Jock Paget Takes the Reins of New Zealand High Performance

Jock Paget and Clifton Lush at the 2016 Rio Olympic Games. Photo by Jenni Autry.

London Olympian and Equestrian Sports New Zealand performance leader Jock Paget has been appointed as the new high performance general manager.

The Taupo-based eventer who moved home from the United Kingdom four years ago is looking forward to what he is describing as an “exciting challenge and massive opportunity” to take up the role which will lead the equestrian high performance programme for ESNZ – a position formerly known as the high performance director.

“I always need a challenge,” says Jock who, while a late starter to the world of eventing, has ridden at the highest level, as part of the bronze medal-winning team at the London Olympic Games, won Badminton, and also represented New Zealand at World Equestrian Games. “Since I have been in the performance leader role, I have always gravitated toward programme development and always wanted to spend more time on that. I love coaching, horses and the whole environment that comes with that but what really gets me going is the strategic side of how the programme works and the thinking behind what delivers those performance outcomes.”

ESNZ chief executive Dana Kirkpatrick said the sport was excited to have Jock in the role particularly as he brings such a depth of experience. “He is an athlete, a successful Olympian, a considered and intelligent thinker and is well respected by his colleagues and peers. Jock has been through the High Performance Sport New Zealand Coach Accelerator Programme and has benefitted from great support by HPSNZ, ESNZ and his peers to lead the high performance programme into the postponed Tokyo Olympics, the 2022 World Equestrian Games and then the 2024 Paris Olympics.”

She said the tight timeframe of three pinnacle events in the next few years was challenging but the wider high performance support team was more than able to deliver great results for the sport and New Zealand as a whole.

It wasn’t long after finishing seventh at the 2010 Kentucky Alltech FEI World Equestrian Games that Jock was identified by ESNZ as a potential coach and leader in the sport, bringing with it new opportunities.

“They effectively said here is someone we think has an exciting future in the sport, let’s develop him.” He would head home annually to coach and was mentored by HPSNZ’s Lyn Gunson who he credits “hands down” as the biggest influence on his coaching and leadership development. His involvement in the CAP Programme was life-changing and now all of that work and investment is coming home to roost. “I am just incredibly grateful to ESNZ and HPSNZ for providing me with these opportunities for development and delivering great programmes to enable me to apply for this role.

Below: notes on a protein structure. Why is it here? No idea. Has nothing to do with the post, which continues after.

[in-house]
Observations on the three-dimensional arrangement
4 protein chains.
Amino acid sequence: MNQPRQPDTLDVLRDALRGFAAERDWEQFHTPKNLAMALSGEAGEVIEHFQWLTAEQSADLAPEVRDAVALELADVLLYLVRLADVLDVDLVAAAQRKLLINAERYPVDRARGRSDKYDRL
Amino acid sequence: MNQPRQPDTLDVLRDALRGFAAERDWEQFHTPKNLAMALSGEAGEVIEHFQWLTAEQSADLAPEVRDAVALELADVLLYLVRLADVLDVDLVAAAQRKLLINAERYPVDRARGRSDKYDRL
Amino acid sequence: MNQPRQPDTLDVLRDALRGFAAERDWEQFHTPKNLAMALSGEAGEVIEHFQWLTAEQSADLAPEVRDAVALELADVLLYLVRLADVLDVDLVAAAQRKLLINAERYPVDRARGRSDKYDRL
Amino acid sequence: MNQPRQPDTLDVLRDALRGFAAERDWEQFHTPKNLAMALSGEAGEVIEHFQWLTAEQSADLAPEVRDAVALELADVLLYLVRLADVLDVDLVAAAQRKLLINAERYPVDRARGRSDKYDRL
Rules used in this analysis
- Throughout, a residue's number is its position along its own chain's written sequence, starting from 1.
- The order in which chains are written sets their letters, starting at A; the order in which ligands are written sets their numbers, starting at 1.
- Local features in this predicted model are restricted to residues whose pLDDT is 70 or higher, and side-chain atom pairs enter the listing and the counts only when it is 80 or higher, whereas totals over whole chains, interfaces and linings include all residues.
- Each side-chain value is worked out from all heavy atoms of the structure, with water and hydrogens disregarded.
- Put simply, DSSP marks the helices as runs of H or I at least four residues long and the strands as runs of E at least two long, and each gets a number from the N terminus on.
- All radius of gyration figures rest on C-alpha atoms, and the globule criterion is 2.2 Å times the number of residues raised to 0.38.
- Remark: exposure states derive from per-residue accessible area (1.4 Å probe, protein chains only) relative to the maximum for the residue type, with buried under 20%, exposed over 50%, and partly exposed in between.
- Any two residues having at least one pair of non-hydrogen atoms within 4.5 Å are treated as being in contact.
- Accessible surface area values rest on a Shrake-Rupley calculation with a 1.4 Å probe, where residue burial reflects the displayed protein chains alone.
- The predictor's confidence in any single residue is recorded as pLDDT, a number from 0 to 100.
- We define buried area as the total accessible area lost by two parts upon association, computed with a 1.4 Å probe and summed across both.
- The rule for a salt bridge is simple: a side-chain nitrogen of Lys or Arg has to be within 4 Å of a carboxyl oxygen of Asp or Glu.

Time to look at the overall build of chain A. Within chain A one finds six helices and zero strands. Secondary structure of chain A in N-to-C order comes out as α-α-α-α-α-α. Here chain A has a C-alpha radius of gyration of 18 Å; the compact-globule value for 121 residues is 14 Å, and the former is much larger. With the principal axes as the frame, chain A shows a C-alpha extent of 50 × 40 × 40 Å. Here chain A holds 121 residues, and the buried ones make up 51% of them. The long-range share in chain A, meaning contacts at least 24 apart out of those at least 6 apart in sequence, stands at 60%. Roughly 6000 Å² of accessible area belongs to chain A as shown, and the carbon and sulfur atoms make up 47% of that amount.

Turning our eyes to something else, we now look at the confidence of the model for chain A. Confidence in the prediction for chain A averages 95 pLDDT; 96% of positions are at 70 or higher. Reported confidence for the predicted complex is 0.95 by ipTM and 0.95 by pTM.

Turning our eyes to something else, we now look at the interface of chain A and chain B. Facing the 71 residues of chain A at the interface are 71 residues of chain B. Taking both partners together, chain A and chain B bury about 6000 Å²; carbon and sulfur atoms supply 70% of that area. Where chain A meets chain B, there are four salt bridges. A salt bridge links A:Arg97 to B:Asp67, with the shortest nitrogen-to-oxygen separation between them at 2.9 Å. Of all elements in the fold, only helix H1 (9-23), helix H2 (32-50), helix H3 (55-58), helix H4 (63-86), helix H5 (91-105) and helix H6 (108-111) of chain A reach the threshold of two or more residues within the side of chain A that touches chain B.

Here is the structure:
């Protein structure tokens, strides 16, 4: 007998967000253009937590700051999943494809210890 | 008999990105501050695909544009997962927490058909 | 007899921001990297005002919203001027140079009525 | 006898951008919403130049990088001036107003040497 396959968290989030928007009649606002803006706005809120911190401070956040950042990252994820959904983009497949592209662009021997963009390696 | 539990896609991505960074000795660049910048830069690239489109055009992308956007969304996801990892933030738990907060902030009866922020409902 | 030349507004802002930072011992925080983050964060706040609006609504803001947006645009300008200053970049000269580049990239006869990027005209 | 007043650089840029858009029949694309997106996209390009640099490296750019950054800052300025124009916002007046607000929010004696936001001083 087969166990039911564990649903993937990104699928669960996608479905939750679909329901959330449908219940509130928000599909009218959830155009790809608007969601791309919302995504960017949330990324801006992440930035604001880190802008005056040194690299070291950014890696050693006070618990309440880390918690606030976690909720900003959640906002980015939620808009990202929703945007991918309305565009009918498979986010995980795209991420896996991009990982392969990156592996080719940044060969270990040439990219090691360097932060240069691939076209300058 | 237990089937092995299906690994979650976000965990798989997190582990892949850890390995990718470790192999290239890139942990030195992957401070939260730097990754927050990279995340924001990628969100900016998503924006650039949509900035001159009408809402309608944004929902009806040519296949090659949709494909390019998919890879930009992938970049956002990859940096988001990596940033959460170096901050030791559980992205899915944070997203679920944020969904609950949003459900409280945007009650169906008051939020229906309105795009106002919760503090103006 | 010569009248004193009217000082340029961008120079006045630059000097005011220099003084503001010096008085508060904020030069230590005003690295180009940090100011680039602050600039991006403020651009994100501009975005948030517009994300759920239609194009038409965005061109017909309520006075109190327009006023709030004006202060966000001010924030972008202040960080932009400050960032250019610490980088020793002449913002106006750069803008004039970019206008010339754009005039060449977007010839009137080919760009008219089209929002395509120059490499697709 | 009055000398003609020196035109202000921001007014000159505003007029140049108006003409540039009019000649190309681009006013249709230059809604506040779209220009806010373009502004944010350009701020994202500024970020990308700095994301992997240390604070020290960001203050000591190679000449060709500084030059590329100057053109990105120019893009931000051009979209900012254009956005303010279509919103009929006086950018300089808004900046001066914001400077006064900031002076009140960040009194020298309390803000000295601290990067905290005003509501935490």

Jock Paget and Clifton Promise. Photo by Nico Morgan Photography.

“I pride myself in being able to figure things out,” says Jock. “I bring to the team very solid contextual experience at many levels. I have experience in the industry as a developing rider, high performance rider, team member, coach and for the past two years as performance programme leader. There is a lot more to the role than that experience, but it certainly helps and I am grateful to have such an experienced team of riders, coaches, staff and supporters who all make this sport what it is.”

Key relationships, and the new ones he is looking to build with the other disciplines, will be key to success going forward. “I need to get across all the disciplines and that’s exciting because I think there will be a lot to learn from them and we can all learn a lot from each other. I am very keen to collaborate with them. I need to understand the challenges and opportunities they have. I have been so focused on eventing for so long, so it’s exciting to learn about the others.”

He has no plans initially to make any big changes but says it is important to always be understanding of what is needed for the athletes and disciplines so the capability can be built around it. “Figure it out, build it and make sure it meets the performance requirement.”

Moving back to New Zealand four years ago meant his horsepower team shrunk from 15 to just two. “My riding has not been the priority – my ESNZ role has been. I have two nice horses at 3* and 4*and while I enjoy riding, it doesn’t get as much time as it probably should.”
He has plenty of fond memories to look back on though – and he admits it is very hard to pick just one. “I have been so incredibly lucky with so many awesome highlights. You can’t go past winning Badminton by .3 – that was fun.”

Another highlight was joining the riders he had been working with as a coach to form the winning team at the Melbourne Three Day Event, with the Kiwis taking both the senior trans-Tasman crown and Jock the individual. “It was a weird and interesting experience that brought with it pressure I hadn’t really had before – I did enjoy that. I had been working hard to build those relationships with the riders and other coaches, so it came at a perfect time and really accelerated things for us.”

Jock and his wife Tegan live near Taupo with their boys Max and Billy.

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